Welcome to July, and wow what a whirlwind this month has already proven to be! We have been hard at work weeding, planting, harvesting, and irrigating. Enjoying a break from the rain, but ready for some rain to give us a break from the daily task of watering the plants.
Where to start with an update for you all? Like Ivy mentioned last week, all of our greens are out of the ground. Our corn is knee high to an elephant (the true tell tale sign that we will have an abundant harvest!), our green beans are slowly starting to produce at about 10-15 pounds every other day, our melon plants are out of this world, and all of our peppers are starting to show their true colors. Hopefully next week or the following you all will be taking home your fair share of those summer treats!
However, today is a momentous occasion, as it marks the first share of TOMATOES! You all will be graced this week with beautiful pints of cherry tomatoes, and many red and non-red slicers following shortly in the next coming weeks. I want to spend this post sharing with you all the different varieties of tomatoes that we have planted; what they taste like, what they pair well with, and how to prepare them. We are growing four different tomato types: cherry, hybrid slicers, heirloom slicers, and paste/canning tomatoes.
- Sungold: Orange in color, intensely sweet and tangy, great as a raw snack or in your favorite tomato salad with a light vinaigrette. Our biggest producer of all of the cherry varieties, so expect tons of bite size orange sweet treats!
- Peace Vince/Sweetie: Typical red cherry tomato with the quintessential tomato taste, a tad bit on the sweeter side. Also great for snacking, or my favorite is to saute with scrambled eggs for breakfast topped with a bit of homemade salsa!
- Yellow Mini: Yellow in color and a bit milder in taste with a mellow even tone.
- Black Cherry: Dark purple/red with an earthy acidic flavor. Do not have as much water as other cherry tomatoes, so tons of meat to bring to the table. Great for cooking and eating in salads.
- Jet Star: Basic red low acid tomato, definitely made for tomato sandwiches! Round in shape.
- Pink Beauty: What a beauty this tomato is. Dark pink in color with a full rich tomato flavor.
- New Girl/Early Girl: First to ripen and the first you all will see at market and in your shares! Our plants are dumping tomatoes right now and have many more flowers blooming. Red and apple shaped, also great for that tomato sandwich.
- Huan U or Topaz: Yellow with green specks with a mild taste and firm texture. Add it to the list of great raw snacking tomatoes!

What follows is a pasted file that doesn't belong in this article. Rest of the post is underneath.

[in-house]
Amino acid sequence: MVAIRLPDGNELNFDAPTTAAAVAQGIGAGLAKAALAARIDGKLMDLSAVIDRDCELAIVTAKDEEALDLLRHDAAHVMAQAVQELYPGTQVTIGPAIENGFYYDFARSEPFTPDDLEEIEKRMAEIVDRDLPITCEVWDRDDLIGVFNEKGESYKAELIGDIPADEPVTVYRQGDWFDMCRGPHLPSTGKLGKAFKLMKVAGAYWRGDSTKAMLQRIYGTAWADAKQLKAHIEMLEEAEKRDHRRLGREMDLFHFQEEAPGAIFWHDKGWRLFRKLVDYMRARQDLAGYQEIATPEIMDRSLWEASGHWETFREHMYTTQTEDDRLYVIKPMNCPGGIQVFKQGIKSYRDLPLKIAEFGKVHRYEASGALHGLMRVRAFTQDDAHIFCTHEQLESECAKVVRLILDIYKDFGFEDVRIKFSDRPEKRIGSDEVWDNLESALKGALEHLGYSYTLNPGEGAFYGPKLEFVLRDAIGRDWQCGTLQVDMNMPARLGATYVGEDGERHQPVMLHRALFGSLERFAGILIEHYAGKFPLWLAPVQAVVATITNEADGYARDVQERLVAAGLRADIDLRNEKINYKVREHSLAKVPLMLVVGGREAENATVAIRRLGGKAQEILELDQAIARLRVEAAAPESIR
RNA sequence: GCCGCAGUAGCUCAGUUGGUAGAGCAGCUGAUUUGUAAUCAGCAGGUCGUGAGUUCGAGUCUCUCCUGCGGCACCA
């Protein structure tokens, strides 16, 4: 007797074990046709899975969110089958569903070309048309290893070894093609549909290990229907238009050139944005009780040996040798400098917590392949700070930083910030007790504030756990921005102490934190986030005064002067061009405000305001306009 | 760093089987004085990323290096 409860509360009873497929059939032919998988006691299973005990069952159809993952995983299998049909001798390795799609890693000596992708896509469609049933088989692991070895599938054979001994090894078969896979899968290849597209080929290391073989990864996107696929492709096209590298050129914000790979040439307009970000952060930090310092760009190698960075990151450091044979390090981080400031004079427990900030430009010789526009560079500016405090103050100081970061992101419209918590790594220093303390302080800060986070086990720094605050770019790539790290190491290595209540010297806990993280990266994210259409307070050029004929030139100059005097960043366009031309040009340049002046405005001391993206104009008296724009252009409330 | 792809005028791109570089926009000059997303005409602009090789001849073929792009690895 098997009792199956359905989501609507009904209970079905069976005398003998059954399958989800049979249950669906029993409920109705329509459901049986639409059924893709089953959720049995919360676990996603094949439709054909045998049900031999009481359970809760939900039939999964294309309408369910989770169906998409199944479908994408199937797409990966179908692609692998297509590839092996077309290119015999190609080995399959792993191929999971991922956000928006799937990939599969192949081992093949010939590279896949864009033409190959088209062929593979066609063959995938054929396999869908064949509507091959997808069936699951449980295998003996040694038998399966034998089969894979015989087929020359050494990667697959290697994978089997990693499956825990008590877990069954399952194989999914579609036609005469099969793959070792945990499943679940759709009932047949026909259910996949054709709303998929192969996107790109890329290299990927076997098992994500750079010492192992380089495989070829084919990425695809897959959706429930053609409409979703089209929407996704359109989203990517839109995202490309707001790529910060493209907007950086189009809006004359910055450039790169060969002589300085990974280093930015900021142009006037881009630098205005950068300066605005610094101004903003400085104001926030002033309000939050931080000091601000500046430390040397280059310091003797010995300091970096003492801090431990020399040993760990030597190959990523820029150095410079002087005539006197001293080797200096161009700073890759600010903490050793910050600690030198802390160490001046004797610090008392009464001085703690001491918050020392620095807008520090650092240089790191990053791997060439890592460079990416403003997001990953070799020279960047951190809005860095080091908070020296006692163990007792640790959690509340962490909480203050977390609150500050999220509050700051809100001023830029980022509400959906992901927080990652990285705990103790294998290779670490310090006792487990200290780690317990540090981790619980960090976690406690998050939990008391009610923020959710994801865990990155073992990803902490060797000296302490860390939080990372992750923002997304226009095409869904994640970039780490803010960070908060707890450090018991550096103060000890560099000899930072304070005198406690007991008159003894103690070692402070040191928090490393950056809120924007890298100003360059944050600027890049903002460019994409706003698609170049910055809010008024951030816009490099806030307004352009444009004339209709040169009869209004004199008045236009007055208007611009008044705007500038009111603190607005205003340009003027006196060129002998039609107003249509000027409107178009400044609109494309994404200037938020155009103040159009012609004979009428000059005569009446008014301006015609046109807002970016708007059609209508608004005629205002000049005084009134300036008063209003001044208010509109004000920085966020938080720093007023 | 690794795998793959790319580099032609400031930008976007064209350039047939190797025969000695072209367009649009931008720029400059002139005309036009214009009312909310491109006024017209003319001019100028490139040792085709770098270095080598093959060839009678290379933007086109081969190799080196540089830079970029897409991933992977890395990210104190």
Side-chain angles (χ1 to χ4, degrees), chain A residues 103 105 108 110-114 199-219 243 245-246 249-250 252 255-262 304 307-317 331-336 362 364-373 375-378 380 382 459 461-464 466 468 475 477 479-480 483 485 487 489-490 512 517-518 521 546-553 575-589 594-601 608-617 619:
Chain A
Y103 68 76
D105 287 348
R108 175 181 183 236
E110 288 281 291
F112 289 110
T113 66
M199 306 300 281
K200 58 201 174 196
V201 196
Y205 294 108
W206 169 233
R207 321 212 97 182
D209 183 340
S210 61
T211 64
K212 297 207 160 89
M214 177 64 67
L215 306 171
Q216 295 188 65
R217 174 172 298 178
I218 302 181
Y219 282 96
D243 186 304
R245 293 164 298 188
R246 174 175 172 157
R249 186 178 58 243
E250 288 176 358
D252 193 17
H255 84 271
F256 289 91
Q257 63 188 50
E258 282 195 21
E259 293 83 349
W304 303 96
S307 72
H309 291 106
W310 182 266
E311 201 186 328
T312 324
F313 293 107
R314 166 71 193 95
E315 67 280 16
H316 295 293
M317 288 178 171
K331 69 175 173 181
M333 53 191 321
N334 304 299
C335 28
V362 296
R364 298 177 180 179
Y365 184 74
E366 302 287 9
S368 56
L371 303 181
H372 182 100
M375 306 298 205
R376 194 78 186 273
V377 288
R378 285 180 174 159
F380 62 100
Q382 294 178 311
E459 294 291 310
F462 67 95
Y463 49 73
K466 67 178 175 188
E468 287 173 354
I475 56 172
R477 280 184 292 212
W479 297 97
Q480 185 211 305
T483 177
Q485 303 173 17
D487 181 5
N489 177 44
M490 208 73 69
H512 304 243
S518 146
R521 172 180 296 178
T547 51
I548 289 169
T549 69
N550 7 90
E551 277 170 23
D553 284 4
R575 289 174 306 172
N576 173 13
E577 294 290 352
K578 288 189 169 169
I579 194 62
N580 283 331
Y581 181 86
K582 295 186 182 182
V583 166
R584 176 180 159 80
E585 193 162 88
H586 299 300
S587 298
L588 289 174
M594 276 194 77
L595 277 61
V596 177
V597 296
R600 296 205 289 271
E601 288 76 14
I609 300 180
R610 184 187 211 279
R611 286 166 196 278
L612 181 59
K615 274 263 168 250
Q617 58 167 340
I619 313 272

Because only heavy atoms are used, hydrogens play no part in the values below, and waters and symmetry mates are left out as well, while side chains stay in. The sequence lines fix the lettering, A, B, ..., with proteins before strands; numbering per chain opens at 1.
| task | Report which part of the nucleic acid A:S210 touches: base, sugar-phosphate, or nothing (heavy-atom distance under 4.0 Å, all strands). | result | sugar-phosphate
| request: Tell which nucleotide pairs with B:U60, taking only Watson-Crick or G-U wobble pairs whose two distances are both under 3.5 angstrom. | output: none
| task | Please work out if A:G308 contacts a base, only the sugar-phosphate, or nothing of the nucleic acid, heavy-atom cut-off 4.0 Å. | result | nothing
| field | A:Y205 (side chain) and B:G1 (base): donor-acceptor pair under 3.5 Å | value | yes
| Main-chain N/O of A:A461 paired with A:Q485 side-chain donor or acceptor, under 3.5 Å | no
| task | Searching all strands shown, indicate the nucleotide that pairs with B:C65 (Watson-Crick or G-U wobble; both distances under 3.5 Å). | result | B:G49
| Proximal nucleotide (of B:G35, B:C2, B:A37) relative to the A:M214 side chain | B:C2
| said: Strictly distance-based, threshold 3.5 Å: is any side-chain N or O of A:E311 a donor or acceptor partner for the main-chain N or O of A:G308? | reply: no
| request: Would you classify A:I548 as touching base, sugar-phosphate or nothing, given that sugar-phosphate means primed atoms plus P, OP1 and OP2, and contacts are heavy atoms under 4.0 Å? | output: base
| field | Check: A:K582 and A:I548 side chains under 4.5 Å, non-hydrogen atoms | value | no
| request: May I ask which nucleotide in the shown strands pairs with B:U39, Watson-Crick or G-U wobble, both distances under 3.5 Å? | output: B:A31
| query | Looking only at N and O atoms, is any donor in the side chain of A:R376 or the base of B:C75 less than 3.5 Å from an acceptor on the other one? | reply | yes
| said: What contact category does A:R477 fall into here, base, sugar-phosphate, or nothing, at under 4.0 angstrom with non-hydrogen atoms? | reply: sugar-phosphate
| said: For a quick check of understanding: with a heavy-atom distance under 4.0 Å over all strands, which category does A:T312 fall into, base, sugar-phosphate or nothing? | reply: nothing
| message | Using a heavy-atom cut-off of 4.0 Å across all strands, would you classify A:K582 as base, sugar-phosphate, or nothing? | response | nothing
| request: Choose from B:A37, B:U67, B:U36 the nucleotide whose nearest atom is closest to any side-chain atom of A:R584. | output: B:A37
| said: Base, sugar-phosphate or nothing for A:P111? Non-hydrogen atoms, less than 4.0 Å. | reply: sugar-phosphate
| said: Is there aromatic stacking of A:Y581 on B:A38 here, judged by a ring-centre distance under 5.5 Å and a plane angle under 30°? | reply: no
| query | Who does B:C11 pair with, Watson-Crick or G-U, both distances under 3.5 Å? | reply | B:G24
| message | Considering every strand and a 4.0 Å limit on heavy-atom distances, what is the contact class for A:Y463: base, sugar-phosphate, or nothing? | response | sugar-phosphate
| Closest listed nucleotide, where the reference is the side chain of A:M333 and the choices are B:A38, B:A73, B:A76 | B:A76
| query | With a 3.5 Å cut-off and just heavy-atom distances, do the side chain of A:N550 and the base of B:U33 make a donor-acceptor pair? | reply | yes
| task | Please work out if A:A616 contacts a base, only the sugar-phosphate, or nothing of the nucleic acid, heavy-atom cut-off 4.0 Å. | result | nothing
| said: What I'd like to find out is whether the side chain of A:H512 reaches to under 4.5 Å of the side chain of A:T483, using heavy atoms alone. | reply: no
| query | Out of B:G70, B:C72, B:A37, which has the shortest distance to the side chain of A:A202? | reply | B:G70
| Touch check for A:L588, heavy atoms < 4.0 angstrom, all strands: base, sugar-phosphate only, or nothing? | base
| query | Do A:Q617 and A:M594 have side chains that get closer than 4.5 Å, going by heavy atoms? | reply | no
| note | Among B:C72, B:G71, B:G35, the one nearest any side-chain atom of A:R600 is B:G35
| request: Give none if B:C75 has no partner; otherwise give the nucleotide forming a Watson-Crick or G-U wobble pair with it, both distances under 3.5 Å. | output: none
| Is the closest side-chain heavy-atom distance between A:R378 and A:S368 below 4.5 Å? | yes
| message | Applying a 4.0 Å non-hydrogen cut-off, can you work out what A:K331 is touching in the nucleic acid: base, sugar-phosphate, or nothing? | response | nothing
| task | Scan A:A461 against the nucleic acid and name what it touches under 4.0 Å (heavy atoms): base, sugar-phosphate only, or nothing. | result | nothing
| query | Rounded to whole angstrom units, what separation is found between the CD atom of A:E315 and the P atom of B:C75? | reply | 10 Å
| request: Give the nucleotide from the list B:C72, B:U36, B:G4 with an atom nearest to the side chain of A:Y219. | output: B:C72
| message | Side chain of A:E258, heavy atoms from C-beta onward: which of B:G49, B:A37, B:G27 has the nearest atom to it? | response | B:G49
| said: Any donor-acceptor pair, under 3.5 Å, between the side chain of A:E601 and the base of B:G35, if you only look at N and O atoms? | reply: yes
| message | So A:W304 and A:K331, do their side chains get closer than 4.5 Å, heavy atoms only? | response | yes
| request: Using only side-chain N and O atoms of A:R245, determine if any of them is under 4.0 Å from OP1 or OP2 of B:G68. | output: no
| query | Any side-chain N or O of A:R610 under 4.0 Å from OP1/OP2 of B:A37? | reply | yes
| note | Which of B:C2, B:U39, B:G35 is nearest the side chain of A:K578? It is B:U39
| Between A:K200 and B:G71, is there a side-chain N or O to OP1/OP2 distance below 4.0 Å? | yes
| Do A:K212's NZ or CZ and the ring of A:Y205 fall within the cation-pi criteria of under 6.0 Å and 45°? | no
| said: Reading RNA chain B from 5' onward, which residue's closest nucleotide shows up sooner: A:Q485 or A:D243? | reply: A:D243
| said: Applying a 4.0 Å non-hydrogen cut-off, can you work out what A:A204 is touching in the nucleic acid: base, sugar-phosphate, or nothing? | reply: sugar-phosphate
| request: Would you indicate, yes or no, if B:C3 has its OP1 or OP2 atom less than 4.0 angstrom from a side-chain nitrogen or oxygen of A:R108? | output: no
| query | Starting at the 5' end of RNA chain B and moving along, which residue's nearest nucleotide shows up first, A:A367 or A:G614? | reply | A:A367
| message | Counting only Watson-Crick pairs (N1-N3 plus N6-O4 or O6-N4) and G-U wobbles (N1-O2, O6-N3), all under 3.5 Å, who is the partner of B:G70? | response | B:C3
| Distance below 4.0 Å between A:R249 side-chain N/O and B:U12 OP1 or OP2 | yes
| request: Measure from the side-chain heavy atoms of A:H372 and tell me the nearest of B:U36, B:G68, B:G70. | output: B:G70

- Violet Jasper: Similar to the Huan U in taste in texture, but purple in color with green specks.
- Red and Pink Brandywine: The most well known and popular of all heirloom tomatoes! Big and beefy with pink or red flesh. Late ripeners, so expect to see them a bit later in the season.
- Cherokee Purple: Sweet large fruit with a dusky purple skin and flesh. Throw this one on a sandwich or cold salad.
- Orange Flesh Purple Smudge: What a cool looking tomato! Orange flesh with purple flecks. Texture of an apricot, withe taste of a tomato!
- Green Zebra: Light green skin and flesh with lime green stripes. Sweet taste with a sharp bite, the best of all green tomatoes!
- Black Trifle: Dark red and green skin. Pear shaped and reminiscent to chocolate in richness of taste.
- Moscovich: Your basic red tomato in heirloom form.
Paste/Canning: All have high acid contents and are great for canning; whether you make salsas, sauces, or just canned whole tomatoes. Shapes are oval and on the small side.
- San Marzano
- Amish Paste
Also, don’t forget to store tomatoes on your counter and not in the fridge! As they will loose their taste and texture in the fridge. Just place towel on counter, and tomatoes just like they look in above picture with stem side down. With cherries just keep them in a bowl or on a towel. Nobody likes a mealy tomato!
I may have missed a few varieties, so I will add them to the list in weeks to come!
Summer eating. I am not a fan of cooking in the summer, and some days not a fan of eating. It is just too dang hot. Summer calls for low fuss fresh meals, so I have picked a few of my favorites to share with you all. I will warn you, I have a slight obsession with salsa, therefore I will be sharing with you all a new salsa recipe each time I post so you all can also acquire a salsa obsession. This weeks salsa is geared towards the kids, but adults can join in on the fun or just change up the tools a bit (you will see what I mean when you check out the recipe).
All of these recipes are heavy on the herb, so maybe save them for when you get these herbs in your share or stop by the market and grab some from us on Saturday!
Sauteed Zucchini with Mint and Basil –
- 1 pound zucchini (or any summer squash), sliced into 1/2-inch rounds
- 3 tablespoons olive oil, divided
- 3 small cloves garlic
- 10 mint leaves
- 5 basil leaves
- 1 heaping tablespoon capers, rinsed
- 2 tablespoons walnuts or pine nuts, lightly toasted
- 1 to 2 teaspoon red wine vinegar
- Sea salt and freshly ground pepper, to taste